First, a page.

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specksofhope:

curiouslymistook:

healthycomfyhappy:

blk0912:

boredandmoist:

This time last year I was unemployed, broke, and suicidal.

Today, I just got the keys to my first house.

Give it time.

Needed this today

when you hear people preach that it gets better, they aren’t joking. if it’s not better yet, it will be. 

this post could literally be saving lives rn and that is why i love this website.

Thank you, I needed this. xx

ijustwanttohugdavidtennant:

jaythenerdkid:

I have lost count of how many times I have reblogged this
I don’t care

Is that Gabriel?

ijustwanttohugdavidtennant:

jaythenerdkid:

I have lost count of how many times I have reblogged this

I don’t care

Is that Gabriel?

thequeerfrontier:

neonstorm:

gaywrites:
We went to the party, and, as I figured, some of the guests laughed and made comments. One said to me, “Do you think this is funny? There are kids here. You want them to see this?” Another said, “You want him to be gay?”  

And I stayed calm. And I explained to them the best I could that there is no correlation between kids cross-dressing and being gay. And if he is gay, it’s not because of anything I did. It’s because he’s gay. And maybe it’s a stage. And maybe it’s not. But either way, I don’t want him to ever feel like he wasn’t able to express himself because his parents didn’t support him. And some understood. And some, trapped by religion or ignorance, gave us the stank face. 

Plenty of people are supportive. They’ll see my kids — Sydney with her long dirty blonde hair, and Asher with his short dark hair, and say, “I love your daughter’s pixie cut.” When I tell them he’s my son, they smile and say, “I love it.” They also apologize for confusing his gender, but I tell them, “Don’t apologize. He’s in a purple dress with sparkly shoes. How would you know?” I know there are parents who get worked up when you confuse their kids’ gender, but I’m not one of them.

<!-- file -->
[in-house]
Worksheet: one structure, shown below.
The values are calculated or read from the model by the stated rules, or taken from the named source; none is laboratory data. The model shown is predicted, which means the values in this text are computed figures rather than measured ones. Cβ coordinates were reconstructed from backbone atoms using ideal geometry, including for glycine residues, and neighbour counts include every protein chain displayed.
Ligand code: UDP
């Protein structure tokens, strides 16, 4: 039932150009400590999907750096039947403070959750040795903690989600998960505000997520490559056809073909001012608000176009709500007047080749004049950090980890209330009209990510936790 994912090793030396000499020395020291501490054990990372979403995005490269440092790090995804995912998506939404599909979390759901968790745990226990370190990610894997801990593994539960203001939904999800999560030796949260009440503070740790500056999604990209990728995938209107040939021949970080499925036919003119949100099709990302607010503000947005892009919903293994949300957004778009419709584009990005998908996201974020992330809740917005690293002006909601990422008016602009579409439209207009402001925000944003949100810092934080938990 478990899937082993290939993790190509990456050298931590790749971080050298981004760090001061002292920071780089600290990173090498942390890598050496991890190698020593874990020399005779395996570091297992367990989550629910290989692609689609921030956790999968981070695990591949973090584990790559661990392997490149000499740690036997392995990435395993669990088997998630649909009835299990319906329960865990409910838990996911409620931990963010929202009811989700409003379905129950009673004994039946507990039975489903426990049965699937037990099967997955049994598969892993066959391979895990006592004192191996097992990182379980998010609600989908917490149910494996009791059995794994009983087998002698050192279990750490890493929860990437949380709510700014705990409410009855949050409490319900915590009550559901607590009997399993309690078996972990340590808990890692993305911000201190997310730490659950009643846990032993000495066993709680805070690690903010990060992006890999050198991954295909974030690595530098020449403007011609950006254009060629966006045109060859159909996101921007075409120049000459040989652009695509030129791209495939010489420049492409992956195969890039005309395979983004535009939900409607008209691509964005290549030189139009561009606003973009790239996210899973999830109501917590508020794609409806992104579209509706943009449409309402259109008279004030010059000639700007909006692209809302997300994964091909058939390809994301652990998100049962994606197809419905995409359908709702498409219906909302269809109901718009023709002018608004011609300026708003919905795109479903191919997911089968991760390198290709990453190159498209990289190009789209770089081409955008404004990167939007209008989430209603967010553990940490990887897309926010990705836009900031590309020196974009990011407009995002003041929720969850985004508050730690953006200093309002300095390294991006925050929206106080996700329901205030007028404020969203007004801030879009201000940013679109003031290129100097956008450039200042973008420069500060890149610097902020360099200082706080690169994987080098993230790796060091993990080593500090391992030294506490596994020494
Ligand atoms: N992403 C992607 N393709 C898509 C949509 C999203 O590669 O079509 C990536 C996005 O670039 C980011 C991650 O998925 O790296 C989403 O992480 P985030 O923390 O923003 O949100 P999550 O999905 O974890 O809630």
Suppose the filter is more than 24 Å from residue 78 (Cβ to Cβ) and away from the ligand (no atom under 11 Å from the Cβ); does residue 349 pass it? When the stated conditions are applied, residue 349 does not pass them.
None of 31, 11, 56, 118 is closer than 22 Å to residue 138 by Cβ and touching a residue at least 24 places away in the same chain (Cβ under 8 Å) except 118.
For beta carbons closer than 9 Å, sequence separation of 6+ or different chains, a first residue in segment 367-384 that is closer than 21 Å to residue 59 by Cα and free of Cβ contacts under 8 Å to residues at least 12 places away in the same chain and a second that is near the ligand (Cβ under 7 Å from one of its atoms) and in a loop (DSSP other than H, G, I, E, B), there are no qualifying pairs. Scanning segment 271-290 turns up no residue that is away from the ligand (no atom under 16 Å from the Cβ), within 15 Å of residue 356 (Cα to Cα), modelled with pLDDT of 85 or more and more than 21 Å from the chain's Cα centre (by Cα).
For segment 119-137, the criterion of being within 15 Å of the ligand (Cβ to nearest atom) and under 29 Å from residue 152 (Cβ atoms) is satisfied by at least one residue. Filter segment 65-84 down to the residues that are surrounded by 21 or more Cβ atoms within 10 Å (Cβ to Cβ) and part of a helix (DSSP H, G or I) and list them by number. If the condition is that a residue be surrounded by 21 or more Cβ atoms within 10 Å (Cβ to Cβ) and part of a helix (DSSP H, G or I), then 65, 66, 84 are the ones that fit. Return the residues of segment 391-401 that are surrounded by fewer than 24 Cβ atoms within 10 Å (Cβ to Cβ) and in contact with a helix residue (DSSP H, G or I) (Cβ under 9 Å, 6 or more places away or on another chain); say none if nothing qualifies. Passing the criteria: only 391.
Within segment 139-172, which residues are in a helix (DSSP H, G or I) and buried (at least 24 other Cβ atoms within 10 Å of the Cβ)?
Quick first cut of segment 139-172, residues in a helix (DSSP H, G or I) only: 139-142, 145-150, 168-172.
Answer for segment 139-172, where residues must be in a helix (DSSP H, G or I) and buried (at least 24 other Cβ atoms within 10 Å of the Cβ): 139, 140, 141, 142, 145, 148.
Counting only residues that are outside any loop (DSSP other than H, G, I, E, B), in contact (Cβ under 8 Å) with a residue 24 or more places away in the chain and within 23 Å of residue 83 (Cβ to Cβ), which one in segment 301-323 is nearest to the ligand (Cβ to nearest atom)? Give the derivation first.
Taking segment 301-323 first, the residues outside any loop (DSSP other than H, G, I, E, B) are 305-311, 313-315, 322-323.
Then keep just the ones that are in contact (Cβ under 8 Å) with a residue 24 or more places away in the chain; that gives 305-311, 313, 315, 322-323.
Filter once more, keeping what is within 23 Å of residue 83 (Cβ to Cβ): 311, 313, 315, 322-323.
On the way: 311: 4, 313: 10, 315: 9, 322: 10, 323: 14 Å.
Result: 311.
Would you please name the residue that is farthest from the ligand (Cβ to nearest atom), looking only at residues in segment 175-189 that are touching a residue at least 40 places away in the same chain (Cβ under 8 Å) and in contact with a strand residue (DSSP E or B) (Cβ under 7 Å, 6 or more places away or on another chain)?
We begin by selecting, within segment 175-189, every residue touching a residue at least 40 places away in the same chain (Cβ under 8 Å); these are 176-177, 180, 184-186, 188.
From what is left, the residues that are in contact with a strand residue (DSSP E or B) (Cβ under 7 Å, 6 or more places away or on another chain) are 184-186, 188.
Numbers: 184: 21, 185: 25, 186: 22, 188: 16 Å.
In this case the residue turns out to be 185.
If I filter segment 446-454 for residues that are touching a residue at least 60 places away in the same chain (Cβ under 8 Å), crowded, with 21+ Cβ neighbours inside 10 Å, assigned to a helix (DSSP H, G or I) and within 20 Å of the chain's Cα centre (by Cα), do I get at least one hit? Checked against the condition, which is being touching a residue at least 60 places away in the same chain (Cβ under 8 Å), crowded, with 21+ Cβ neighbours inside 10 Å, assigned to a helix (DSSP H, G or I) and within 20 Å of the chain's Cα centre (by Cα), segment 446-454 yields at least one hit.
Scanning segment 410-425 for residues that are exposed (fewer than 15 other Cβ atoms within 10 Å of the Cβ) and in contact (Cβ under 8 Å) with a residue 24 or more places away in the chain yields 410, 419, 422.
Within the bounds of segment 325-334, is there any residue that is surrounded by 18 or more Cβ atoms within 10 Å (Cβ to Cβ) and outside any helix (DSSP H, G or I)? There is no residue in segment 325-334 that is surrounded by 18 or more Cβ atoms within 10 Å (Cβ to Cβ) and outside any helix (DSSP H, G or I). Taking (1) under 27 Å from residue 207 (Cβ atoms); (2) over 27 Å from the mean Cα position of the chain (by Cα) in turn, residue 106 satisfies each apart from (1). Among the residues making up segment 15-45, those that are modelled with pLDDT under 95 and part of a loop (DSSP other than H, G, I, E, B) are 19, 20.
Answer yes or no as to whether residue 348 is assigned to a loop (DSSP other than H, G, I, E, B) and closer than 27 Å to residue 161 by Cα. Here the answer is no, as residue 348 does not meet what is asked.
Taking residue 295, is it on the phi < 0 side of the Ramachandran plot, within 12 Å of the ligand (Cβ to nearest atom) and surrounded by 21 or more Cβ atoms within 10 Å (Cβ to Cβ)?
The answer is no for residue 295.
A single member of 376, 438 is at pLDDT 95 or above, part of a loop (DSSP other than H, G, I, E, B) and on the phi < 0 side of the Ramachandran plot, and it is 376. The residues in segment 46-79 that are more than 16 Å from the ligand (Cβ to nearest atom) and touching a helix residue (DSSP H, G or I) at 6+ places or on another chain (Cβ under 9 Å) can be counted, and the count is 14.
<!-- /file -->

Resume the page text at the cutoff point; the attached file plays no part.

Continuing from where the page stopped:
I get home before my wife most nights, so I was taking the kids out to walk our dog. They were dressing up in different outfits, my daughter treating Asher like her doll, as she tried various dresses, shoes, and headbands on him. And then Sydney told me she wanted me to wear a dress, too — “Oh my god, it will be so funny.”

I said, “No,” but she kept begging. I said, “People will laugh at me.” She said, “If they do, I’ll tell them to go away.” And I couldn’t argue with that, as I squeezed myself into Carrie’s most flexible dress. We walked the dog on our block, and the pleasure my kids took in seeing their dad go out of his comfort zone trumped the humiliation I felt.

Carrie pulled up to the house, and I saw her slacked jaw from the end of the street. She laughed. She took a picture. And she told me I better not rip her dress. And then we all went for a pizza.


(My Son Wears Dresses And That’s OK With Me | Seth Menachem for xoJane)


Winner: Best Dad EVER Award.

thequeerfrontier:

neonstorm:

gaywrites:

We went to the party, and, as I figured, some of the guests laughed and made comments. One said to me, “Do you think this is funny? There are kids here. You want them to see this?” Another said, “You want him to be gay?”